Lately I’ve been rewatching movies from my past, movies I regard highly favorably. The most recent was Casino.
I don’t love everything about this movie by a long shot. For one thing, I’m troubled by the tendency in pop culture to sensationalize and indeed glorify violence and atrocious behavior in general.
I mean, you can make the case instead that Scorsese movies like Casino, Goodfellas, etc. do the opposite of glorifying violent criminals in that they show what awful people they are and how their careers typically don’t last long before they’re dead or in prison, but the fallacy there is that while it may be true that rational viewers would be turned off by seeing what kind of life these people lead and would if anything be less inclined to emulate them than before they watched such a movie, most people are not rational and thus could easily react otherwise.
I think what a lot of people see, and react to favorably on an emotional level, is alpha males who don’t play by the rules and who put no restraints on how they pursue their ends. These are people who act rather than who are acted upon, who carry themselves like Nietzschean Overmen, who (in the immortal words of George Carlin, describing Joe Pesci) “get things done.” Weak-minded women gravitate to the charisma this gives them, and weak-minded men admire them and wish they could be more like them.
In other words, you always have to remember that a lot of people, including a lot of people who watch movies, are morons and hence will react to what they see not in rationally justified ways but in moronic ways.
It’s also worth mentioning that I think Scorsese exaggerates the charisma of the main characters in his crime movies, so it’s not a matter of an accurate portrayal of the mob lifestyle potentially having the unfortunate unintended consequence of encouraging people to assess that lifestyle favorably, but of an inaccurate, glorified portrayal doing so. It isn’t that he denies or downplays their evil or their criminality, but their weakness and general uncoolness. I’ve done a little independent reading about the real life versions of some of the characters in his movies, and, for instance, Henry Hill of Goodfellas was far from the suave, self-directed alpha male of the movie; he was frankly a pathetic, weak, unstable, loser, addict, and rat. There isn’t quite as big a gap between the Casino version of Lefty Rosenthal (renamed Sam Rothstein in the film) and the real life person, but I’d say he still comes across here as a stronger, more dynamic, perhaps more admirable figure than he deserves.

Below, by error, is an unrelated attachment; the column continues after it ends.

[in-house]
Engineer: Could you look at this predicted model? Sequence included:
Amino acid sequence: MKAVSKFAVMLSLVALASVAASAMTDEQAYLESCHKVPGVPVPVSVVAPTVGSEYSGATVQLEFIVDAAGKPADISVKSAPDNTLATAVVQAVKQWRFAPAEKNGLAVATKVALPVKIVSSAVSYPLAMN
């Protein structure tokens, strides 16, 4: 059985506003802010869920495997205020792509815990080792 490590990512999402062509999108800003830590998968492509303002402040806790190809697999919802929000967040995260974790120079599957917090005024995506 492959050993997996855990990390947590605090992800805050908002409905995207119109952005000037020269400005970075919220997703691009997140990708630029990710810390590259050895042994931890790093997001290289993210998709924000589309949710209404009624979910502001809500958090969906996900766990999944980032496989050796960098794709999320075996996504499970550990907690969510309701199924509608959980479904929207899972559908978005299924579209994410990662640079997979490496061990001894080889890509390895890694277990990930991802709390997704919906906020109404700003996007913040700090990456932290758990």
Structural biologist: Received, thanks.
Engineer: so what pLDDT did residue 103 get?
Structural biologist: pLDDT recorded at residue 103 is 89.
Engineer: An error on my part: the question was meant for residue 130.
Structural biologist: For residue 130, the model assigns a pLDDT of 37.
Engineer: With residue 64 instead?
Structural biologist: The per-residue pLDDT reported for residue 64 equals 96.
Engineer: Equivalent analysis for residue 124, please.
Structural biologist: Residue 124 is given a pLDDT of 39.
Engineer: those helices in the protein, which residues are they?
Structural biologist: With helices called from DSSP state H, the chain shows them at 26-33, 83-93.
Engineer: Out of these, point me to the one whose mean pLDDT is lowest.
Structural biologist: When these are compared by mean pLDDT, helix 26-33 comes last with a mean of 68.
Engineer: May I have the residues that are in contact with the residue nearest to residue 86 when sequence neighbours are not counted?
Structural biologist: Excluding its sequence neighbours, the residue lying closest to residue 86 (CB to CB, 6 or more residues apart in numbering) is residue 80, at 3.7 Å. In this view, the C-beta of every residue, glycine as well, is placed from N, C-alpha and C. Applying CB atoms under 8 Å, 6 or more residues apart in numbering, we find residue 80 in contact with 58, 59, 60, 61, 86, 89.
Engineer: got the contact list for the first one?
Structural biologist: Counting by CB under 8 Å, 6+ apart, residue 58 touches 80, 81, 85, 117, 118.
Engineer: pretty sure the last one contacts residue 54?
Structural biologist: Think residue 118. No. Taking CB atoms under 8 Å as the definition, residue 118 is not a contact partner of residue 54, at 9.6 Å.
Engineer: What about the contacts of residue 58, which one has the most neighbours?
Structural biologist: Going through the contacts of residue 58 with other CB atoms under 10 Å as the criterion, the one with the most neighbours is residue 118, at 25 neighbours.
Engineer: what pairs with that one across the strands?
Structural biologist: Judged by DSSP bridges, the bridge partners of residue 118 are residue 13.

But, mostly my reaction to the best of Scorsese’s gangster flicks, including Casino, is to marvel at just what extraordinarily good filmmaking they represent. They seem meticulously, perfectly, constructed down to the last detail. There’s that feeling of utter competence. Casino is a captivating film from the first scene to the last.
For an “action” movie, it’s surprisingly character driven. That is, these are not simplistic, two-dimensional characters involved in dramatic scenes of shouting at each other, shooting people, racing around in high speed car chases, plotting elaborate heists, etc. There’s always a great deal going on psychologically with these characters and their interactions.
For example, the central relationship between Rothstein and Nicky Santoro is a fascinating one. They’re friends from way back, and in certain respects they need each other and each will suffer if the other falls or there is a break between them. Yet in spite of the fact that self-interest influences them toward sticking together, there is an increasing volatility in their relationship precisely because they are not hyper-rational maximizers of self-interest.